Finds “Conservation Agreement” Inadequate to Address Threats from Uinta Basin Energy Development
DENVER—A federal district court judge in Colorado ruled yesterday in favor of SUWA and a coalition of conservation groups in their challenge to the U.S. Fish and Wildlife Service’s decision to deny Endangered Species Act protection to two imperiled wildflowers that live only on oil shale formations in Utah and Colorado.
Oil shale and tar sands mining and traditional oil and gas drilling threaten 100 percent of known White River beardtongue populations and over 85 percent of the known Graham’s beardtongue populations.
The court rejected the Service’s reliance on a 15-year “conservation agreement” negotiated behind closed doors with pro-industry stakeholders. In August 2013, the Service proposed to extend Endangered Species Act protection to the wildflowers and nearly 76,000 acres of their essential habitat, recognizing the threat posed by mining and drilling. One year later—after lobbying by industry and its supporters, including the Utah School and Institutional Trust Lands Administration (SITLA) and Uintah County—the Service reversed course and denied Endangered Species Act protections.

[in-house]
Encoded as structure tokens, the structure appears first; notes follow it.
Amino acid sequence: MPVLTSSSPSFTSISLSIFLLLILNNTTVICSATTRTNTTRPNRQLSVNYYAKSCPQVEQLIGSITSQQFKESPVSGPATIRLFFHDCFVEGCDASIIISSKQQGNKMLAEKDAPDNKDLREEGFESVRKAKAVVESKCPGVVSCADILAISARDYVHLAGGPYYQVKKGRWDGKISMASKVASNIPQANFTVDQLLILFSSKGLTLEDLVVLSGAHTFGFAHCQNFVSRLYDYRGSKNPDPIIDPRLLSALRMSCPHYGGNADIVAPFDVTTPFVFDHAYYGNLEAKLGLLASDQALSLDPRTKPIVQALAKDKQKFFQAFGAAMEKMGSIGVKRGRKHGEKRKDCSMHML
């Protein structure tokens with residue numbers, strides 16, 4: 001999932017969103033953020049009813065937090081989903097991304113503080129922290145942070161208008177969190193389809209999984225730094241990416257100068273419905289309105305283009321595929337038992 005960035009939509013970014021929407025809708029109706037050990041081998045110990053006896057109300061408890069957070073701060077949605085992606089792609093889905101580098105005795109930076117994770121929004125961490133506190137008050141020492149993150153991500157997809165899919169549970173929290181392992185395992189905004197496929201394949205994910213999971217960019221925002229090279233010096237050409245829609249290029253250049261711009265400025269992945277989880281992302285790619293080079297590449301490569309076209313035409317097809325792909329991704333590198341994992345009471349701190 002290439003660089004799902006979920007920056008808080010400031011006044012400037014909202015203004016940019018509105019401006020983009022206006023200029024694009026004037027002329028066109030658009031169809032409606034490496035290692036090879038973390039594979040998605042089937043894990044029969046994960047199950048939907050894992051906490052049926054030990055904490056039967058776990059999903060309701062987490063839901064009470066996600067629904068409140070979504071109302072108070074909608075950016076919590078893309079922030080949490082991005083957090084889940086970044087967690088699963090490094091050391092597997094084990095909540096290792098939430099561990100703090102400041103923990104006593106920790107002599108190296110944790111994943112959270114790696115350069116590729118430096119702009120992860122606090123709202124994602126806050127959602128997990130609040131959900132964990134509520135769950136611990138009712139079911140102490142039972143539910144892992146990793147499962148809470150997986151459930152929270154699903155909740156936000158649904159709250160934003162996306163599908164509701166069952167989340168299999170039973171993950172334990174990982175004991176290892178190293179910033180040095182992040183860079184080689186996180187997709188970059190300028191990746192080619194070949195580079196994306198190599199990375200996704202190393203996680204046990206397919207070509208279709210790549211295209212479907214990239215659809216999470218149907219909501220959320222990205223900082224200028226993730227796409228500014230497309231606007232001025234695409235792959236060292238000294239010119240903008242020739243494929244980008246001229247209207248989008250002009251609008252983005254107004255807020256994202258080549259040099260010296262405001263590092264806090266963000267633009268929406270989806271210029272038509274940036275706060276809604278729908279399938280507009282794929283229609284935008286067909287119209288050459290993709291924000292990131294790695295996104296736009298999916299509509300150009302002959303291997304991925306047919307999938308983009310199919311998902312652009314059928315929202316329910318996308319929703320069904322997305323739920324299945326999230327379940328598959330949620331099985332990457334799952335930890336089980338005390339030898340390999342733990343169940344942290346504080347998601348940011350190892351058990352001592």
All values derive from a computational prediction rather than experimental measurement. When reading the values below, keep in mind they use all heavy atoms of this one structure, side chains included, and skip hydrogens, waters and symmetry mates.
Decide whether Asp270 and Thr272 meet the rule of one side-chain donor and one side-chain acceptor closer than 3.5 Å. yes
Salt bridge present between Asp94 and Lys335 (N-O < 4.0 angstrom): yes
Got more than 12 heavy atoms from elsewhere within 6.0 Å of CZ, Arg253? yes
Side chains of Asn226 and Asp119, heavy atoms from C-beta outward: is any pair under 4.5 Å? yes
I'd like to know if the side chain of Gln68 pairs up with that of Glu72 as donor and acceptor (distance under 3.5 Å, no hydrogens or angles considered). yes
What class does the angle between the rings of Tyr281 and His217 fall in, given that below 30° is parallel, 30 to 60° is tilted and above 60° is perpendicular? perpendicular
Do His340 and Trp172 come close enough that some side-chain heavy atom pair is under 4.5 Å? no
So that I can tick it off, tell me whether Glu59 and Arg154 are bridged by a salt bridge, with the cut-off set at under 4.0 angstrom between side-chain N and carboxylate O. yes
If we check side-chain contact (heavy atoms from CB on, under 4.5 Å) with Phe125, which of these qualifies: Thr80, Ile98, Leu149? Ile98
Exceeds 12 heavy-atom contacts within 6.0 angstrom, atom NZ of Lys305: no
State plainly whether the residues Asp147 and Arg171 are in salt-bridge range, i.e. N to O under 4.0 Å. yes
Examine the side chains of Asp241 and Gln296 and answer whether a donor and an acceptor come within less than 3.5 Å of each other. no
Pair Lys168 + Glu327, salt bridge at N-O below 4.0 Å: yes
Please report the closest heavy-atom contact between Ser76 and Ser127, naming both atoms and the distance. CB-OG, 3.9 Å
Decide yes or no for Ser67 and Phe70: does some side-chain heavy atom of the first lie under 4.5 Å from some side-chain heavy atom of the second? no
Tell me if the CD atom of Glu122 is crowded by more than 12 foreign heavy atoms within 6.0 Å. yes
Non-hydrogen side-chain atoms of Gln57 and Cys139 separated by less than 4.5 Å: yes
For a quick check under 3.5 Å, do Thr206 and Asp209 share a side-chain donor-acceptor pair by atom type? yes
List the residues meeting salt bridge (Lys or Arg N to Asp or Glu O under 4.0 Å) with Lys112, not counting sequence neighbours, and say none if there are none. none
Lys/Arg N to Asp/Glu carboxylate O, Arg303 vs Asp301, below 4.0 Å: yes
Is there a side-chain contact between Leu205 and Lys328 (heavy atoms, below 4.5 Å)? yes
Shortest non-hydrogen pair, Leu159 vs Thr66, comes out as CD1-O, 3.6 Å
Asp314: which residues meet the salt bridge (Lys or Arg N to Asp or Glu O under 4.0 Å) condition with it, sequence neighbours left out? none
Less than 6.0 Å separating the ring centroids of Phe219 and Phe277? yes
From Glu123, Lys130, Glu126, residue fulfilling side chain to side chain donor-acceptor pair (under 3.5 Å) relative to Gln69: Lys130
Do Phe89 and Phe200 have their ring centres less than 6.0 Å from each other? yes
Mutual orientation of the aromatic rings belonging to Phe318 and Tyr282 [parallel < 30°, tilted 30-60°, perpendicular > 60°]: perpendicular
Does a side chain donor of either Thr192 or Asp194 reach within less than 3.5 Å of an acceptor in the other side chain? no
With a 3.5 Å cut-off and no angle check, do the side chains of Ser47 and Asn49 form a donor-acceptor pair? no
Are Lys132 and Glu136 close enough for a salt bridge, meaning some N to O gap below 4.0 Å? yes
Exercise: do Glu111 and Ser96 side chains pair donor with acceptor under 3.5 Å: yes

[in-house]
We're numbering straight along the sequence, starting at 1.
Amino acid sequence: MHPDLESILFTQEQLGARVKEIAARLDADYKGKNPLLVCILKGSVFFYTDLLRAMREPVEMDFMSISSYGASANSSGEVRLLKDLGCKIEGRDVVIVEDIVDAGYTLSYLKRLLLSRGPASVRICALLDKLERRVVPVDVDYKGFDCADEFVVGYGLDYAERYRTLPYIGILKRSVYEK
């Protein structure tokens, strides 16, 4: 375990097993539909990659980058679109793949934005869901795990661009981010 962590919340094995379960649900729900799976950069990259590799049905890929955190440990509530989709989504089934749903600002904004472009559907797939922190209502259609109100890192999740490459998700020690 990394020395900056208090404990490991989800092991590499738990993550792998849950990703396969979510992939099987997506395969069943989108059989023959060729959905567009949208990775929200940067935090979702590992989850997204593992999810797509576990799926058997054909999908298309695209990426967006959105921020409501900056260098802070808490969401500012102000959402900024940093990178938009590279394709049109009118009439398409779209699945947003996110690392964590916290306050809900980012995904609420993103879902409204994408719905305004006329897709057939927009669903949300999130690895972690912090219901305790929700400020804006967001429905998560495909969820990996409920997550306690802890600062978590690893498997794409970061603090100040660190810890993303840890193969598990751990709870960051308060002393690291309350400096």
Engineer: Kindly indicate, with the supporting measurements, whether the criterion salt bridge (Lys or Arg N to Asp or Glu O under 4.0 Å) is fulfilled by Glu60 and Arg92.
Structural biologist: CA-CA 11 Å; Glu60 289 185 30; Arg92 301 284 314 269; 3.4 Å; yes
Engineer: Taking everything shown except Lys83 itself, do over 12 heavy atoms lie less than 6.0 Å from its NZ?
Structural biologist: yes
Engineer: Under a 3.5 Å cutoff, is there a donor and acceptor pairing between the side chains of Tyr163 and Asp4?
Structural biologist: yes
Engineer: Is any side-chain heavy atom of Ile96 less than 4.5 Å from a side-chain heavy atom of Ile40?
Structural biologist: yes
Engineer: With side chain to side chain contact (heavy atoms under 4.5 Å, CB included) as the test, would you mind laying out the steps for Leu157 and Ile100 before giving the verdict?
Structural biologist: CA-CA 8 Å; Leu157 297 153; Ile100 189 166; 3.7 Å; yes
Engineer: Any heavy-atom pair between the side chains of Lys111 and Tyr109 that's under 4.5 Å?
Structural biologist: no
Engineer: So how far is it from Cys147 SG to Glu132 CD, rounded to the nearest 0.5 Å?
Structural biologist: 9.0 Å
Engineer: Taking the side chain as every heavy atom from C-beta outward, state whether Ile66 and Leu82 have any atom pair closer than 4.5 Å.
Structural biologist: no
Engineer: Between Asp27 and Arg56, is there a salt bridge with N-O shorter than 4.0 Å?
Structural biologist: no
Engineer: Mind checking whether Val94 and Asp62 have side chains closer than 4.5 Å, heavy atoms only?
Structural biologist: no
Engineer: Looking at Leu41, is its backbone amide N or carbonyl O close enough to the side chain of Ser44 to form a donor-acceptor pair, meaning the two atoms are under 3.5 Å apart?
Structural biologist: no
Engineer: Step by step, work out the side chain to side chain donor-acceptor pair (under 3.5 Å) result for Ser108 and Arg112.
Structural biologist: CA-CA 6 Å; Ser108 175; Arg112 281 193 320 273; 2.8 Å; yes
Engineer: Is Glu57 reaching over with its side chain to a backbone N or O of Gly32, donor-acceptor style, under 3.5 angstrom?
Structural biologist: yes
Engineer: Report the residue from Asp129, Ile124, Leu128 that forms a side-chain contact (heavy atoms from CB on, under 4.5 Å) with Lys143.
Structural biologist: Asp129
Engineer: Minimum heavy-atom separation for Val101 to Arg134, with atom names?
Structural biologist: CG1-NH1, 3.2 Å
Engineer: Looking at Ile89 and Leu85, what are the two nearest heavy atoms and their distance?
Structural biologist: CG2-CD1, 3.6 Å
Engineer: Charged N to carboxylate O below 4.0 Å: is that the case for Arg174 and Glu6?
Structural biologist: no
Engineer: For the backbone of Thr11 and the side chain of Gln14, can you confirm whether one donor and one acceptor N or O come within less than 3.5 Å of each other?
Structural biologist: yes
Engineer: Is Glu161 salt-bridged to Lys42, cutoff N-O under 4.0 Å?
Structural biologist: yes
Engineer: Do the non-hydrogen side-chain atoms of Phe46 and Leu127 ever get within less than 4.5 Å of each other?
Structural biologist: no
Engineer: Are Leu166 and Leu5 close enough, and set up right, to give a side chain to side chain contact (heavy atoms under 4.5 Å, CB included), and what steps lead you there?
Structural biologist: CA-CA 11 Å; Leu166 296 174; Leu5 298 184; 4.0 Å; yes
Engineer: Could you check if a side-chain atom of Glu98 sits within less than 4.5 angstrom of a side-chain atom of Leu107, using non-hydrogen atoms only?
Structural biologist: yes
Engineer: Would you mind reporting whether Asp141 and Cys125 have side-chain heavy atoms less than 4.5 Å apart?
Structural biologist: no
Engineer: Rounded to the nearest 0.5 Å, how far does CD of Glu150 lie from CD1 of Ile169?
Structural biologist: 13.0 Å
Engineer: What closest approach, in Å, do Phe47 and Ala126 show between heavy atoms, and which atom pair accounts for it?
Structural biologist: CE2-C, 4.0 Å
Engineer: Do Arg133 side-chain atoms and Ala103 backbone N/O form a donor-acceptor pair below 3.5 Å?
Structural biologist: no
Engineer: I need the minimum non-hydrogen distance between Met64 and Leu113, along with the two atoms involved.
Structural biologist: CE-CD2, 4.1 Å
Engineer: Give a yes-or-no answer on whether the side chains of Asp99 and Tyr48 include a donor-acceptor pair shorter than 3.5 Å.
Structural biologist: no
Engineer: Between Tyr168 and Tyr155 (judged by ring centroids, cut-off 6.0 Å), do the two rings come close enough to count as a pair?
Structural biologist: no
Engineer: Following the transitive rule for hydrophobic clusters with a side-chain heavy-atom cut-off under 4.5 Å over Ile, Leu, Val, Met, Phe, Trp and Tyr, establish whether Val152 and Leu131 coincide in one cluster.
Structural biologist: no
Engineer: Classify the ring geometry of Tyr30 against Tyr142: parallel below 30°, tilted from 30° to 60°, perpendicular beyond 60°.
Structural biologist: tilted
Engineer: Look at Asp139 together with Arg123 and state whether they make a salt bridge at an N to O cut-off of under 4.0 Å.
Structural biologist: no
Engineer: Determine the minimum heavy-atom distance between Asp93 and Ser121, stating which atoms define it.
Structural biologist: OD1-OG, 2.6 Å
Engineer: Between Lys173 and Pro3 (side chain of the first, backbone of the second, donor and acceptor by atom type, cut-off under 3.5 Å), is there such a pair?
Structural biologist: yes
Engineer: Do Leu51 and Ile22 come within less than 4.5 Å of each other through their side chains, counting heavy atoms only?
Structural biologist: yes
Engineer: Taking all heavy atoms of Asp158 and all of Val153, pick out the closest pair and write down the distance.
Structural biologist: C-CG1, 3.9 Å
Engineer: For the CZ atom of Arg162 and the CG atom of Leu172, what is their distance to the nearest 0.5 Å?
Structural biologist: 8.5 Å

The U.S. District Court for the District of Colorado concluded that the Service could not reasonably rely on the agreement in denying Endangered Species Act protections.
The court faulted the Service for failing to explain why the agreement would not simply leave the beardtongues in the same “precarious state” in 15 years as they were in when FWS proposed listing. The court also found that FWS did not base its decision solely on the best available science, as required by the ESA.
The court vacated the decision not to list and reinstated the proposed rule.
SUWA has played an important role in previous efforts to obtain listing for the Graham’s beardtongue. In 2002, SUWA and others petitioned FWS to list the Graham’s beardtongue under the ESA. Pursuant to a settlement agreement reached by the parties, FWS initially proposed listing in 2006. Later that year, FWS withdrew the proposed rule, citing BLM’s assurances that it would protect the species from energy development. SUWA, Center for Native Ecosystems (now Rocky Mountain Wild), and the Utah and Colorado Native Plant Societies successfully overturned that decision and obtained a ruling requiring the FWS to make a new listing decision by 2013.
Earthjustice’s Rocky Mountain Office filed the lawsuit on behalf of Southern Utah Wilderness Alliance, Rocky Mountain Wild, Center for Biological Diversity, Utah Native Plant Society, Grand Canyon Trust, Western Resource Advocates, and Western Watersheds Project. We’re particularly grateful to Earthjustice attorneys Robin Cooley and Chris Eaton for their work on this important case.